“‘Never lose a holy curiosity,’ Einstein said; and so I lift my microscope down from the shelf, spread a drop of duck pond on a glass slide, and try to look spring in the eye.”

-Annie Dillard, Pilgrim at Tinker Creek

My circumstances are nowhere near those of Ms. Dillard when she wrote those essays.  I don’t live near a creek bed in Virginia, away from all technology, except a trusty pen and notebook; I don’t own a microscope anymore. Abundant nature still surrounds me, though I’m too far away from the crickets and frogs and can only hear my laptop’s hum:  one note, subsonic, between a whistle and a sigh.

I do still rely upon a pen and a notebook, carrying them with me wherever I go. Ideas rarely come conveniently; usually while I’m driving or walking or during conversations; especially during church. Sometimes really compelling stuff comes while I’m supposed to be worshiping. Maybe that’s a form of worship.

Little things oftener catch my attention than the grandiose. Give me a negligible  smirk or a slightly raised brow; let me catch your eye subtly shift or see your back just barely tense; let me notice the tiniest edge or softening to your voice. All the action is in the nuance. I want a front seat. The blatant leaves nothing to satisfy.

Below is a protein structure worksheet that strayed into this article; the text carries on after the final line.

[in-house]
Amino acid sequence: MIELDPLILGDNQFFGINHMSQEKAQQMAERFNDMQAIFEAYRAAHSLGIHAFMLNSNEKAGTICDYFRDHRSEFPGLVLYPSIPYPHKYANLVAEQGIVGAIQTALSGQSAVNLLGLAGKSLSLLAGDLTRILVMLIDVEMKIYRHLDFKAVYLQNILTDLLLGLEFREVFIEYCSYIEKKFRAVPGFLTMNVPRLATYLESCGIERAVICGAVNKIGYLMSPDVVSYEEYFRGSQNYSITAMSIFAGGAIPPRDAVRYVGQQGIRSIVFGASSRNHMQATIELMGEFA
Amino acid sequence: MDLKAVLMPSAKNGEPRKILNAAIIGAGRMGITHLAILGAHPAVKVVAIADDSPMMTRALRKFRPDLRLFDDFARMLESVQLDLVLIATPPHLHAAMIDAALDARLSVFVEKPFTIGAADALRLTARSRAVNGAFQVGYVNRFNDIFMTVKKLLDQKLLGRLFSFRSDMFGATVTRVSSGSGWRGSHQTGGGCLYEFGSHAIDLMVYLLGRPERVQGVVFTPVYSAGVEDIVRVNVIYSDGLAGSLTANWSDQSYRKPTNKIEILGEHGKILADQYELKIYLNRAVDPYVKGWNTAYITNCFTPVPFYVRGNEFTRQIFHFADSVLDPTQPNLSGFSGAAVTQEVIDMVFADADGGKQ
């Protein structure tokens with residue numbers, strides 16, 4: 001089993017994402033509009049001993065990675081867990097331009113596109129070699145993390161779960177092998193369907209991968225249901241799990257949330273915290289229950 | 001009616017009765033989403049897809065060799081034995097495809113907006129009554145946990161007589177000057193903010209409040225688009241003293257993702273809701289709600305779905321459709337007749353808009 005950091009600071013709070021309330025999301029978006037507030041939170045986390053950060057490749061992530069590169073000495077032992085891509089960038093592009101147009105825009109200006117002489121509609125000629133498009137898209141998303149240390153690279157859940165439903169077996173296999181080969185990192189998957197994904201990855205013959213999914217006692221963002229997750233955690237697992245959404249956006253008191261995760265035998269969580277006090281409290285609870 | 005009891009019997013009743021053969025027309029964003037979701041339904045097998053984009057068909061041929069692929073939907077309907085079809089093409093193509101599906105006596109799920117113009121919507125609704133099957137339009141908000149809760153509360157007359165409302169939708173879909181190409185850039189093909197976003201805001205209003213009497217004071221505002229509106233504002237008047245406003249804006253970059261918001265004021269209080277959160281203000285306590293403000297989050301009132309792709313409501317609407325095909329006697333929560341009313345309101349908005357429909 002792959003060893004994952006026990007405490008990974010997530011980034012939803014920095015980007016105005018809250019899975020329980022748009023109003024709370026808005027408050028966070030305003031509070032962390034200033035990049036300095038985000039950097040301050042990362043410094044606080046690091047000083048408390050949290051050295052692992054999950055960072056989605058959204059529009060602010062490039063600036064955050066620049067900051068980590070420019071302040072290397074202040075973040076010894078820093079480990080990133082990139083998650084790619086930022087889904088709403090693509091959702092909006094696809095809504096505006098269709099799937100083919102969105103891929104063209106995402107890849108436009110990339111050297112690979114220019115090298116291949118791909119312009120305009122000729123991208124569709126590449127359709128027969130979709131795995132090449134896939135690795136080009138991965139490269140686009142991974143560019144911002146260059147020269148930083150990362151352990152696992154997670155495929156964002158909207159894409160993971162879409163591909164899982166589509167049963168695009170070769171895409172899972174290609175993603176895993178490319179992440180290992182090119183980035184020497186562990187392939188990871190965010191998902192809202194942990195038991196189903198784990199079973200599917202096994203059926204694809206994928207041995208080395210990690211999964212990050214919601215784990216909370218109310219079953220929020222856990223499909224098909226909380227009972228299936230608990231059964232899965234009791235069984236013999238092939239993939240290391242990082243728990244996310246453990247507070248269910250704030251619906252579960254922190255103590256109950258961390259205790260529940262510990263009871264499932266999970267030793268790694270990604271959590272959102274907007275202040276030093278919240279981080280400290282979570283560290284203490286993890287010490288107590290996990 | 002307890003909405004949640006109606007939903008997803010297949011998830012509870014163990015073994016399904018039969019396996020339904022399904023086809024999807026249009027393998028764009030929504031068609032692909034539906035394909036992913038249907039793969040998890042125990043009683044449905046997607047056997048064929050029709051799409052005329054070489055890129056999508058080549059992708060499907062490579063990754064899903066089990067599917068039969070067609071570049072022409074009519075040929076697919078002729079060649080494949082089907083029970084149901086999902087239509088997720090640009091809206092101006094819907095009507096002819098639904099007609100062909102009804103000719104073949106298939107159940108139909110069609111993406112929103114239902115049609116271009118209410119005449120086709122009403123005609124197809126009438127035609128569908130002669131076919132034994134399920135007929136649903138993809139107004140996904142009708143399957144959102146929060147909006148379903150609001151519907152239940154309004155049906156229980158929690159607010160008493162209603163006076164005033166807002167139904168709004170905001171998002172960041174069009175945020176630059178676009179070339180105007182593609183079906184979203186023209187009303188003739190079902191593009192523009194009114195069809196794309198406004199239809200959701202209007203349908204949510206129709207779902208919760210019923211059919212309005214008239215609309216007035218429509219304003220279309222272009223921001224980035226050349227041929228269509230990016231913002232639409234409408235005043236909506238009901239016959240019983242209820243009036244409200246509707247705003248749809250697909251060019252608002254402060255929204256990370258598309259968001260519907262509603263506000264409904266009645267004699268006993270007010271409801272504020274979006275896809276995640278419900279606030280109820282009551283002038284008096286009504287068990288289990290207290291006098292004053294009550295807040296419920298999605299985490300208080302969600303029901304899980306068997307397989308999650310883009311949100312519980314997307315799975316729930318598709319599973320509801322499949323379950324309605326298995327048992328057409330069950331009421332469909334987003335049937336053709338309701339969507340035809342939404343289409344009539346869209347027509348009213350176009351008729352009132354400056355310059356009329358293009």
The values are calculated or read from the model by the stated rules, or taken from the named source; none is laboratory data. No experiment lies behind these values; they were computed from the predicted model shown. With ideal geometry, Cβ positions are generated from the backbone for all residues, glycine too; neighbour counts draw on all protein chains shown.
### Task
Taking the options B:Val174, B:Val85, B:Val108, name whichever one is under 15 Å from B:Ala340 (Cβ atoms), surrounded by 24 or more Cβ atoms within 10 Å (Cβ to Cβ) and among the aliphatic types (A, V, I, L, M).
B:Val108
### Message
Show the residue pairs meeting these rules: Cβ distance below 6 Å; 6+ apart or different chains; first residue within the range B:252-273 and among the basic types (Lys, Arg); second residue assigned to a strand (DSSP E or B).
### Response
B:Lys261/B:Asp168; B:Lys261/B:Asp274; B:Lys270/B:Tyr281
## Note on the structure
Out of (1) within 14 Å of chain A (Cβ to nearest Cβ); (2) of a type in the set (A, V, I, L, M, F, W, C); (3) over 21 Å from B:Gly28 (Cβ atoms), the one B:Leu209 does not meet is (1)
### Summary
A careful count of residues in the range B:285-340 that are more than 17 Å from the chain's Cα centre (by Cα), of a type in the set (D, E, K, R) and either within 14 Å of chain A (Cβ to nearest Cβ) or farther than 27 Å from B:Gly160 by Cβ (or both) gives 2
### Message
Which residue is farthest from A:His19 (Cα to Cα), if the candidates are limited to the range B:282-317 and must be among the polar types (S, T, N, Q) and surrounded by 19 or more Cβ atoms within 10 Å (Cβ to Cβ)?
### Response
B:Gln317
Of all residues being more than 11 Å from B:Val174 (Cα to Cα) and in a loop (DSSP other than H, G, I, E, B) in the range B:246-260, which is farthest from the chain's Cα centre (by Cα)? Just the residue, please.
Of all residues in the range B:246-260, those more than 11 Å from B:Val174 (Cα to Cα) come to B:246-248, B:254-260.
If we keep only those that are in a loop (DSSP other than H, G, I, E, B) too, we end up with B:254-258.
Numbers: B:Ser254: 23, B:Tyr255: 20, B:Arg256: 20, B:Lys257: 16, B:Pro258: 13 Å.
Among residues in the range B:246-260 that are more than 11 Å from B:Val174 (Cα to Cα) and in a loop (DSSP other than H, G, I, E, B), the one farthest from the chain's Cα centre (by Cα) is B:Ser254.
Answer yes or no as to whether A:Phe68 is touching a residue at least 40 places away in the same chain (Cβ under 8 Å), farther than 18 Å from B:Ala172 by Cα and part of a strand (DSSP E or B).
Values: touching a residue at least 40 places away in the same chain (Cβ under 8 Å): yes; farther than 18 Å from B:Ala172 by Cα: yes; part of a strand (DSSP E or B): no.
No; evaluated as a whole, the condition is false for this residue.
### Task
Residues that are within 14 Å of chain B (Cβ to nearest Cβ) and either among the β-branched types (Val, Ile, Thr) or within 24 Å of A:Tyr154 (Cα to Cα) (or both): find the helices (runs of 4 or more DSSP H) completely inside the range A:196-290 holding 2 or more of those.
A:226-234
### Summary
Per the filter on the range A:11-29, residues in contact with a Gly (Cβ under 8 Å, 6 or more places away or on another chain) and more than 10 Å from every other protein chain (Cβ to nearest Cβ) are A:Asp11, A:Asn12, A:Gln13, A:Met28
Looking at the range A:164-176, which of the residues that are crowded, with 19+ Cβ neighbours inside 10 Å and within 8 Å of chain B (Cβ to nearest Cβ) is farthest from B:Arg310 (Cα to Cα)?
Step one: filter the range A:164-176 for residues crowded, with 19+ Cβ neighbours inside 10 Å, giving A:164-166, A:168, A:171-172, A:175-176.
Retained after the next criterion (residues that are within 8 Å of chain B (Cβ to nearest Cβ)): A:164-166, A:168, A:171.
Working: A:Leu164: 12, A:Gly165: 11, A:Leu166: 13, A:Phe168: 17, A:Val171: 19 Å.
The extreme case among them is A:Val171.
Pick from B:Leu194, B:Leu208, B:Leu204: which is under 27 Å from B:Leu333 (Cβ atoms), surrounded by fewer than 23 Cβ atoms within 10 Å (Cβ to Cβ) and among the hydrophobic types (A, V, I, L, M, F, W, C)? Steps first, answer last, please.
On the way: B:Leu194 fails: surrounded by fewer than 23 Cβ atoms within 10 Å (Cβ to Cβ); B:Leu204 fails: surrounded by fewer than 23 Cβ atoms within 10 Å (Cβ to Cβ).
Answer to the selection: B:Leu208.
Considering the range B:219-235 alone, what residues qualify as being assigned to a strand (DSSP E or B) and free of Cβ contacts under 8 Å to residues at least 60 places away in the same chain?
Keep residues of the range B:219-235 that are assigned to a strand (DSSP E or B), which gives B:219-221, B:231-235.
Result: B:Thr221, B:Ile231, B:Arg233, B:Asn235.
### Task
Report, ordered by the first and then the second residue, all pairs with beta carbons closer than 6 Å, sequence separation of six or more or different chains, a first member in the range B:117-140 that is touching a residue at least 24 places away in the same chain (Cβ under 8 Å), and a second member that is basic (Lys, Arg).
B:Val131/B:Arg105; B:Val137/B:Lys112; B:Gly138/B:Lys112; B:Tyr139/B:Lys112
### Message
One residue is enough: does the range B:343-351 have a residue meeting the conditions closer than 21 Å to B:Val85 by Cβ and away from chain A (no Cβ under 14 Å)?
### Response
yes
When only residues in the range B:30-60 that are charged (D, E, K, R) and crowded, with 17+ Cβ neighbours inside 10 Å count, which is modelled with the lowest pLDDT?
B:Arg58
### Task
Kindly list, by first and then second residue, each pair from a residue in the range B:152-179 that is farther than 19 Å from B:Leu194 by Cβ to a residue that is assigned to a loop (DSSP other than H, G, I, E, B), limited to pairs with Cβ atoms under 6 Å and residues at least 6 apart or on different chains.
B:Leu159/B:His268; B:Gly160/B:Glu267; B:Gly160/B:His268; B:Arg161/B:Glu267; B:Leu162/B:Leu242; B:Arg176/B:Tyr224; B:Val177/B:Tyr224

We’re supposed to wonder. We’re supposed to search. Our desire for knowledge is inherently sacred. The glory of God is intelligence, or in other words, light and truth 1. This is [God’s] work and [his] glory, to bring to pass the immortality and eternal life of man 2.

Transitively, intelligence leads to eternal life.

Not that nothing can’t be learned from the obvious. It happens all the time, and it all becomes obvious, with enough desire and faith. Ignorance can’t really be bliss if our wonderment is consecrated. Not that I’m perfectly probing, always asking the right questions; “I’m not unfaithful, but I’ll stray” 3. Sometimes it’s all I can do to look eternity in the eye, one moment, one question at a time; a single drop’s revelation expanding my purview.

Worship, indeed. To be wholly inquisitive is inherently divine. It is to have holy curiosity.

1 Doctrine & Covenants 93:36
2 Moses 1:39
3 Tegan and Sara, “Back in Your Head”

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